Ken Bantz's life has been a series of travels and adventures ranging from all across the continent to his midwest roots. His varied life experiences range from midwest farms to glass factories to universities to Northwest mountain tops to Fortune 500 companies to back country Idaho bars to working for John Mellencamp. The one constant throughout has been his music-he has been nurturing his passion for writing and playing for over two decades. These experiences have provided a broad/colorful emotional spectrum that Bantz draws upon when writing and is evident in his debut release "You Can't Go Back". An album whose songs include the rocker "You Can't Go Back", the up-tempo Delta blues of "Blind Jack Johnson", the soft twelve string acoustic rhythm and soaring electric guitar in the love at first sight "Crowded Room", the plight of over 3 million post-NAFTA American workers in "Till That Whistle Blows", the calliope and sloppy tuba in "Boo Radley"-are among the songs included on this slice of life.
"I'm not sure how long Ken Bantz has been playing guitar or writing songs, but it's obvious from his lyrics he's always been a keen observer of life. A number of elements combine to make "You Can't Go Back" a wonderful listening experience. Bantz has a strong vocal presence, calming like James Taylor yet firm in delivery, and his guitar playing is consistently excellent, whether he's playing acoustic, electric or 12 string. The songs are well composed, as are the melodies and the lyrics, making one want to Go Back to these familiar-feeling stories again and again." -Whatzup.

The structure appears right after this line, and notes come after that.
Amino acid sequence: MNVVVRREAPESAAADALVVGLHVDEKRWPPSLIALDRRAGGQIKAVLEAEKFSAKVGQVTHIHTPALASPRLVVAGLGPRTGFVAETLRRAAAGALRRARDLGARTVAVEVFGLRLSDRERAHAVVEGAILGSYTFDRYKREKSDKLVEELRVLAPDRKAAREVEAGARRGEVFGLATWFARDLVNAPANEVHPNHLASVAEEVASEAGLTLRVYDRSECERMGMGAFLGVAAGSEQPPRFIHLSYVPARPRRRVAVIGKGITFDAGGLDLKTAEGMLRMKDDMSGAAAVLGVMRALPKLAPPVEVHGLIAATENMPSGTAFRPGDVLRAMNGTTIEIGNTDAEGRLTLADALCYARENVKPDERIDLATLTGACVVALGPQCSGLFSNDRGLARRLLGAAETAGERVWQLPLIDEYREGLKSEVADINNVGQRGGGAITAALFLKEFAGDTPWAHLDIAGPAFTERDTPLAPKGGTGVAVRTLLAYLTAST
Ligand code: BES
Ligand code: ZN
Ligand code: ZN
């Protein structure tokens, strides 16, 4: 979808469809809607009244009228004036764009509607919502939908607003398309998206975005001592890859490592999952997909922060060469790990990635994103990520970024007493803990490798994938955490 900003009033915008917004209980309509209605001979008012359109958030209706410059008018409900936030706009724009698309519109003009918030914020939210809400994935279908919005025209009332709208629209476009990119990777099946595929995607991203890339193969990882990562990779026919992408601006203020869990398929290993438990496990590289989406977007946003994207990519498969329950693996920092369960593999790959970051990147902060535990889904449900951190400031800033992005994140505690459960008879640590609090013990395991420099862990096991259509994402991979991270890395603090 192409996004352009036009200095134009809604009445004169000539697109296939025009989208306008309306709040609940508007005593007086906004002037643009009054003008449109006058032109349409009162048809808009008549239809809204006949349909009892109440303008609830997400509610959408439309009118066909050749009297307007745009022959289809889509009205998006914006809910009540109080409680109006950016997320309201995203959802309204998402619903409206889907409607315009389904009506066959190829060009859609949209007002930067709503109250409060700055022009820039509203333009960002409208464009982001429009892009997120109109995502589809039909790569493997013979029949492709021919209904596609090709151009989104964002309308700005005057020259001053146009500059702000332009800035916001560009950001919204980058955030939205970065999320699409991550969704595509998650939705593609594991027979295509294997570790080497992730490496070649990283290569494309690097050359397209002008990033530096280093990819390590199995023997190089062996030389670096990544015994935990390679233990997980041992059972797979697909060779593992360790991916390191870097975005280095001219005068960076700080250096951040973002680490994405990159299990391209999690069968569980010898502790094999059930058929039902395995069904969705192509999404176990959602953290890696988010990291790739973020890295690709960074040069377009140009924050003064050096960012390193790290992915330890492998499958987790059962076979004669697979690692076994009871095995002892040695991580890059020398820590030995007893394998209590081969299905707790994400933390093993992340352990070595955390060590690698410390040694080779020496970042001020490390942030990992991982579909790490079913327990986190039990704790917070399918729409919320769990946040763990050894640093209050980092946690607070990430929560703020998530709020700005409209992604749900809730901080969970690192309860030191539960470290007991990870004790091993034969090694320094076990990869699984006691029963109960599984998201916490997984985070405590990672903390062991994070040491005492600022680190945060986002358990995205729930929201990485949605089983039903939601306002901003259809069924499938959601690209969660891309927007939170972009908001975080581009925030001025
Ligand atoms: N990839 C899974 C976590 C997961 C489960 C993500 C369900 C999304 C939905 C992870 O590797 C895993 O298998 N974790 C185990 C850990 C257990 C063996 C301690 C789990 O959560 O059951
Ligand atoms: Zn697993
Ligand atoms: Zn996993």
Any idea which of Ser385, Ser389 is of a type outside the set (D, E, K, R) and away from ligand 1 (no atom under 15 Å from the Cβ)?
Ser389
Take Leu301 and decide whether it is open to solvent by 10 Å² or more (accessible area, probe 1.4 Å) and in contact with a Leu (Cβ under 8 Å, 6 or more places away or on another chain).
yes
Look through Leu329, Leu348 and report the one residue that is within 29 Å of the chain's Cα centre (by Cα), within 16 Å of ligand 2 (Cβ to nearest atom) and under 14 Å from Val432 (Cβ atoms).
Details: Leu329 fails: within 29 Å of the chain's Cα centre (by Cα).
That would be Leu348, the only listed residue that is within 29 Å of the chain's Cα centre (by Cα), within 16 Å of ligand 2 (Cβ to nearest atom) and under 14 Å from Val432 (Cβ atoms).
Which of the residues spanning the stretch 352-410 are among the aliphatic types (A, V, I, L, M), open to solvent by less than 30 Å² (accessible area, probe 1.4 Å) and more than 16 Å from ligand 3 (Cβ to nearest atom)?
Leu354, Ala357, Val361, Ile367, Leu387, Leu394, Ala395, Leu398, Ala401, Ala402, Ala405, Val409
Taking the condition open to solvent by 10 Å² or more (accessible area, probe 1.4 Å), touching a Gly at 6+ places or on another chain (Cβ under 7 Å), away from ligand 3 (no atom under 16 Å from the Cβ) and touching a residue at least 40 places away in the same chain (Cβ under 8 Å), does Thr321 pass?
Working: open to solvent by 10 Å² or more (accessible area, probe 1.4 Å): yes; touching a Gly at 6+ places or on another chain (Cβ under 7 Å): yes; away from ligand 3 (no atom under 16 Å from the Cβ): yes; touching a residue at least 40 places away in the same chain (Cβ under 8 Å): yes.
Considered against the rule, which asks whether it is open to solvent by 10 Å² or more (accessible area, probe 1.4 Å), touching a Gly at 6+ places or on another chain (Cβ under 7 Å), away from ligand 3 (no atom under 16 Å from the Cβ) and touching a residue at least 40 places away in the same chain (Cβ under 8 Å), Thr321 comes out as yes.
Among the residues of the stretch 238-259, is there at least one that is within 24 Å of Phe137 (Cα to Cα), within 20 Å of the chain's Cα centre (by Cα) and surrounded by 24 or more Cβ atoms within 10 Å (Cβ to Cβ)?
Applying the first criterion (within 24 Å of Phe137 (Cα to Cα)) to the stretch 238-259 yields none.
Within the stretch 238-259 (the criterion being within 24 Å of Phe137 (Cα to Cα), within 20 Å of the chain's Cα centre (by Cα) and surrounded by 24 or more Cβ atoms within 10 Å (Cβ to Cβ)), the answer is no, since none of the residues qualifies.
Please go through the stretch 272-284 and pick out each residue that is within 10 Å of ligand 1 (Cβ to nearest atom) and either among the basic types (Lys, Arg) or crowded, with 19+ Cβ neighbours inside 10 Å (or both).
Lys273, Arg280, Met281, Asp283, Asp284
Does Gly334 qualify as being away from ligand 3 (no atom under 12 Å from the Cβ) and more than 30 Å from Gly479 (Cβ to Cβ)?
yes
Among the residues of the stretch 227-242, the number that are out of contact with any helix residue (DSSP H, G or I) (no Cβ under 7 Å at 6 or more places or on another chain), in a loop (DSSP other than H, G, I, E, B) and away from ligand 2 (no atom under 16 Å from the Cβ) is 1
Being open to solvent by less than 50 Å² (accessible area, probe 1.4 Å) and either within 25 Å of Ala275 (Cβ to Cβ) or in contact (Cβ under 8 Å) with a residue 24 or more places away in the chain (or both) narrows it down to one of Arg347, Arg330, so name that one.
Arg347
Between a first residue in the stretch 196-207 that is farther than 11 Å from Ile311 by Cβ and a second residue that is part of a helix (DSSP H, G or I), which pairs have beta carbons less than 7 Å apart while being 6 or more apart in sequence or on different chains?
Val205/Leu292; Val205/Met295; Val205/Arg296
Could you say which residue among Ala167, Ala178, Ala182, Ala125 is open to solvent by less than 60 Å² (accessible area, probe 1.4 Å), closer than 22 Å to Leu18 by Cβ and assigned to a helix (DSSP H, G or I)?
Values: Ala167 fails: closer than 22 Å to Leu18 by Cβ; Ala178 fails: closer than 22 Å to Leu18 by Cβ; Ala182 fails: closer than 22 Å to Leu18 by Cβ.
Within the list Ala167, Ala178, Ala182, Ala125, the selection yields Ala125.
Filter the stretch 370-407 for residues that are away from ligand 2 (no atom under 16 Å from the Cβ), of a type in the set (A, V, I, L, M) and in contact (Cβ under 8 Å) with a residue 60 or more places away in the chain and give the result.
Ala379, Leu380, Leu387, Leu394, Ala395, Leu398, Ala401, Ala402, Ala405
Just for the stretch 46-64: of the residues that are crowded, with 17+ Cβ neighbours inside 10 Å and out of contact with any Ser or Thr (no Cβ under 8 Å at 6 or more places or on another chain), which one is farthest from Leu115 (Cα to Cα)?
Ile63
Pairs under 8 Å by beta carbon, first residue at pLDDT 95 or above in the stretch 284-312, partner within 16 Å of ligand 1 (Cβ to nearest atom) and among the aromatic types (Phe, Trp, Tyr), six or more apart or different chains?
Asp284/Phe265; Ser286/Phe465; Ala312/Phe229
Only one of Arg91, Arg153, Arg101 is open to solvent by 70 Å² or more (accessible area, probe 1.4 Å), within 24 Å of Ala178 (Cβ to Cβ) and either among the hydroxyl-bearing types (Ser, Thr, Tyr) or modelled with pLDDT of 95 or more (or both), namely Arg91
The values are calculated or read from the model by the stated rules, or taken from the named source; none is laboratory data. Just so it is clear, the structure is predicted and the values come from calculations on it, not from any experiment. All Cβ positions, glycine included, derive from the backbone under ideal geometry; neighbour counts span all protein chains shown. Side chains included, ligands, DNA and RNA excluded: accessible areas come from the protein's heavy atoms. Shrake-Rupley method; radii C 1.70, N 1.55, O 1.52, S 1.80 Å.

Bantz's recent second release "Complete the Circle" contains powerfully written, guitar driven songs addressing the socio-political climate of our times. "Complete the Circle" includes songs that ponder and question-"The Boy With the Fife"-a song driven by a lonely classical guitar about the futility of war;"The Time has Come"-a 10 minute reggae jazz/fusion jam that hsa a moving groove-about how change can/will come if we raise our collective consiousness and "Prophets and Sages" a song of varying tempos with an ending of haunting vocals and liquid guitar. "Turn the Night into Day" on "Complete the Circle" pleads for the darkness to be turned to light in a flat out rocker of screaming horns and wailing lead guitar. Bantz expresses perspective and wry humor in "Yeah, Yeah (Politician)Blues"-a soprano sax, toe tapping, swing driven tune. He ends "Complete the Circle" with two songs of promise and hope. "Roll Like A River" with it's harmonica, twelve string and flowing pedal steele guitars expresses trust/faith in free people and democracy. The journey ends with the title song-"Complete the Circle"-a song that starts with a moderate tempo but builds in pace and intensity to a jamming crescendo-"let your love set you free- right now". The music on "Complete the Circle" is complimented by the exceptional cover art of Thomas Abbott and lay-out/graphic design of the award winning Matt Kelley of One Lucky Guitar. The music and artwork on "Complete The Circle" combine to create/shape an extraordinary journey. "I'm not saying that just anyone can put together a three minute song, but it takes something extra to break that five minute mark and keep the listener's interest. On his second release , "Complete the Circle", Ken Bantz show that he's got that kind of moxie. Not once but four times." -WHATZUP